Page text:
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Friday Bullets

  • James Ham of Cowbell Kingdom is passionate about the Kings, to the point of having berated Mayor Kevin Johnson at a recent city council meeting. But at a fancy Sacramento restaurant last night, he ran into Mayor Johnson and, among others, Clay Bennett, and had cordial conversations with both. "My impressions of Clay Bennett after last night are as follows -- he is a person just like anyone else. He is not the devil, he is a business man and honestly I found him to be very engaging and friendly. He is much bigger in person, but his mannerisms were slightly disarming, sort of a southern/mid-western gentleman type. Like Mayor Johnson, Clay Bennett seems like a guy I could sit and have a drink with."

  • John Hollinger says that 2-pointers have been hard to hit in the playoffs so far, so teams should consider shooting more 3s.

  • If not to embarrass you in front of tens of thousands, what are teammates for?

  • For no good reason, a funny line from David Shields' 1999 book "Black Planet": "The Sonics are worse than any team I've ever seen at making good ball-fakes. When Gill fakes a pass or Kemp fakes a shot, my daughter, Natalie—one-and-a-half—wouldn't fall for the fake. When back-up point guard Nate McMillan passes to someone, he always makes sure to look directly at him. The Sonics seem to feel that pretending to do something and then not doing it is sort of an unmanly thing to do."

  • A camera is not a powerful enough instrument to capture Dwane Casey.

  • Nick Wrenn, an English editor at CNN.com, is distraught at the lack of passion in the stands of American stadiums. It's nothing like home, for him: "The TV cameras scan faces in the crowd, but here you see no casual relaxed smiles, cheery waves and flirtatious kisses. Instead you see torment, fans with their heads in their hands, faces contorted with tension and worry. And yes, there will be tears. More than 70 percent of British fans have cried at some stage during a game, according to SIRC's 2008 study."

  • After decades spending hundreds of millions to create one of the most reclusive existences in global history (welcome to my well-staffed yacht, just off Helsinki, with its own submarine!) Paul Allen says he's eager to bump into any and all of us at an event in Seattle.

  • The under-hyping of Dwight Howard.

  • Patty Mills has a Twitter thing for Ellen DeGeneres.

  • In 2004, the Pistons won the title, apparently by killing offense for the whole NBA.

  • Tayshaun Prince, in a timeout, ostensibly listening to his coach, was actually doing the wave with a New Jersey audience. Really -- worth a read.

  • This animated GIF is more fun if you pretend Andre Miller is ripping out a tooth, not just his gum.

  • Ron Artest says "Sacramento will be in Sacramento" next year, which must be a relief to those who live there and don't want to move. And Tim Leiweke -- a heavy hitter of the stadium world, whom David Stern holds in high regard -- says he's behind Jerry Buss's efforts opposing a Kings' move to Anaheim.

  • Zach Lowe of Sports Illustrated makes a great point ... that Andre Iguodala's offense just isn't all that great, and he makes a ton of money. Counterpoint would be, I guess, that if his game were reversed, if he was a top-five offensive player and a ragged defender, he'd be widely considered underpaid, right? "It’s tiresome, but the postseason has reminded everyone why we keep talking about Iguodala trades. Philadelphia paid Iguodala like a top-tier star, and he’s not one. He is an all-world defensive player — third on my unofficial Defensive Player of the Year ballot — and few players provide his combination of defense, passing and ball-handling. His defense is so good that he is indeed one of those players who is more valuable than his basic statistics indicate. But I don’t care how great you are on defense. A star player cannot score 19 points in three playoff games, on 7-of-25 shooting, and put up a single-digit Player Efficiency Rating in that span. Star players just don’t do this. I get that Iguodala has been dealing with tendinitis in his right knee, and that LeBron defended him for most of those three playoff games. It was telling, though, that in crunch time of Game 3, Heat coach Erik Spoelstra felt comfortable shifting LeBron onto Williams (and sometimes Jrue Holiday) and allowing James Jones to check Iguodala. Williams is a key crunch-time player for the Sixers, but he’s dealing with a hamstring issue, and that’s just not the kind of move an opposing coach makes if he is worried at all about the guy making $13.5 million on the other team." And he traveled.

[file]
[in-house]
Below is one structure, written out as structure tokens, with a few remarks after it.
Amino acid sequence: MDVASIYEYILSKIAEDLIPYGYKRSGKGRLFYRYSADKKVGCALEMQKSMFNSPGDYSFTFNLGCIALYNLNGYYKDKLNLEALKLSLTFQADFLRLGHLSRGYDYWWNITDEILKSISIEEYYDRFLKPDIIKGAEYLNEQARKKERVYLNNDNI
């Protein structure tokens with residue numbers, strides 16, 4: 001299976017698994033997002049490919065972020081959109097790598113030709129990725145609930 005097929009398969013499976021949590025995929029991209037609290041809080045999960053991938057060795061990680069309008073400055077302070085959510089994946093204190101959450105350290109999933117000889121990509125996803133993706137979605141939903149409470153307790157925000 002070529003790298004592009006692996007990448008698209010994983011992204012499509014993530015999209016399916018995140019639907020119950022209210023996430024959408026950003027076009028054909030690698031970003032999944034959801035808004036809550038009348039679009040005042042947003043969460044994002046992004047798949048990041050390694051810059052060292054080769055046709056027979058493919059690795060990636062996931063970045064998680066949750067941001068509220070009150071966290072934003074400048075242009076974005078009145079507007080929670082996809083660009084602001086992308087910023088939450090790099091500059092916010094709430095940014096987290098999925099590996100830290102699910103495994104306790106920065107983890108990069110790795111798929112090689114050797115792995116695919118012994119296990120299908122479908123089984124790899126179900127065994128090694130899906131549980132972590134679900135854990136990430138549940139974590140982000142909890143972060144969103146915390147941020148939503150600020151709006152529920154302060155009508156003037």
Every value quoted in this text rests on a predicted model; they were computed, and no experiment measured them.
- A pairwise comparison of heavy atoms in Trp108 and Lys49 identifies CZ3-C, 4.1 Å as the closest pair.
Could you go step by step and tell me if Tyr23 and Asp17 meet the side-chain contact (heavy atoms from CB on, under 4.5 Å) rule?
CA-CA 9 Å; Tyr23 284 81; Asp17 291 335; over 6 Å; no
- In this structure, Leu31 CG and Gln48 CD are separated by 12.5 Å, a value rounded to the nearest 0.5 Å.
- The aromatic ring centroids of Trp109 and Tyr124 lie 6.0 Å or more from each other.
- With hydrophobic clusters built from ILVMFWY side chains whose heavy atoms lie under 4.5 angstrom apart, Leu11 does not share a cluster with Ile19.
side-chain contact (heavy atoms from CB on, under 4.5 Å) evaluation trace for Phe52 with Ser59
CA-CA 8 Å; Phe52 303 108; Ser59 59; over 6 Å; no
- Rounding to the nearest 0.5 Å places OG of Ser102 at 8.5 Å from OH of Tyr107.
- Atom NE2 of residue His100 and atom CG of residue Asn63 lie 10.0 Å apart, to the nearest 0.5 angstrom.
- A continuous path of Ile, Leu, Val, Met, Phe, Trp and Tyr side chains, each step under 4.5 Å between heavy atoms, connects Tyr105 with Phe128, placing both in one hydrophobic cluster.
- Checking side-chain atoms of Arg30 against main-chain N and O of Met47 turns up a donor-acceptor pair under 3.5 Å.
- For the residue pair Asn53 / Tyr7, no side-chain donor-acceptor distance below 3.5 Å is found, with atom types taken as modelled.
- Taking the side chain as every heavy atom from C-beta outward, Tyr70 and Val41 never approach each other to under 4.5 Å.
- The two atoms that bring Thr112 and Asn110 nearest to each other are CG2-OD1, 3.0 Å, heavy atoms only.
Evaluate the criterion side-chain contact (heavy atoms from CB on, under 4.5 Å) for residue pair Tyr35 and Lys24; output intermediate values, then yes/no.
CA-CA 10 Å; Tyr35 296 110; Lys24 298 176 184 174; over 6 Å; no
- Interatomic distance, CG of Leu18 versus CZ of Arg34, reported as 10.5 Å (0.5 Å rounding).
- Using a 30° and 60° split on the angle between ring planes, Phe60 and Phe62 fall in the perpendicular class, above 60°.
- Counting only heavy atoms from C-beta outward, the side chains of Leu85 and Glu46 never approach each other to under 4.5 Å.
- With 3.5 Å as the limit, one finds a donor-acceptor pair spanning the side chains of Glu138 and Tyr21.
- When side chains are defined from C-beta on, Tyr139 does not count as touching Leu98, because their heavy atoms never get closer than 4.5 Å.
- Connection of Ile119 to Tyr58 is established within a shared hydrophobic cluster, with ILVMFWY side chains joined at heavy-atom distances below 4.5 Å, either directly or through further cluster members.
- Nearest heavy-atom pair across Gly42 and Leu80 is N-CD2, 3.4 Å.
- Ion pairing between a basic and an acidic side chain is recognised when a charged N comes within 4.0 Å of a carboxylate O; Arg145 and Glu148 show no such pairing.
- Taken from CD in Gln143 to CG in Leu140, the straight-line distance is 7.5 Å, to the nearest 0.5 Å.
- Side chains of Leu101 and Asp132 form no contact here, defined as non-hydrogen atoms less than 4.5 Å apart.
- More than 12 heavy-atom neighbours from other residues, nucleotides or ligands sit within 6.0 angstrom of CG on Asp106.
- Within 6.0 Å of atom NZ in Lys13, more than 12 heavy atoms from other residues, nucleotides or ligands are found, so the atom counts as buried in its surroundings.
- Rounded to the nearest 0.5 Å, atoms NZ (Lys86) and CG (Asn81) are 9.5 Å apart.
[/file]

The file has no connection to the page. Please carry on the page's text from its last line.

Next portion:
• The Mag's "Player X" talks about talk: "Legend has it Gary Payton, who vets say talked an endless stream of trash, once told Jordan that he drove a better car than MJ. 'The cars I got are just like yours,' Jordan replied. 'Except mine were free.'" Also, love this: "The Lakers aren't as good at it, but the defending champs have an edge over most other teams because Kobe can talk with the best of them while he lights you up and Ron Artest is just weird. One reason he's a great defender is he'll get way too close and whisper in your ear."

  • Concerns about Avery Bradley's posture when speaking to Rajon Rondo.

  • Kyle Korver would love to be able to move like Derrick Rose, which puts him in a pretty big club.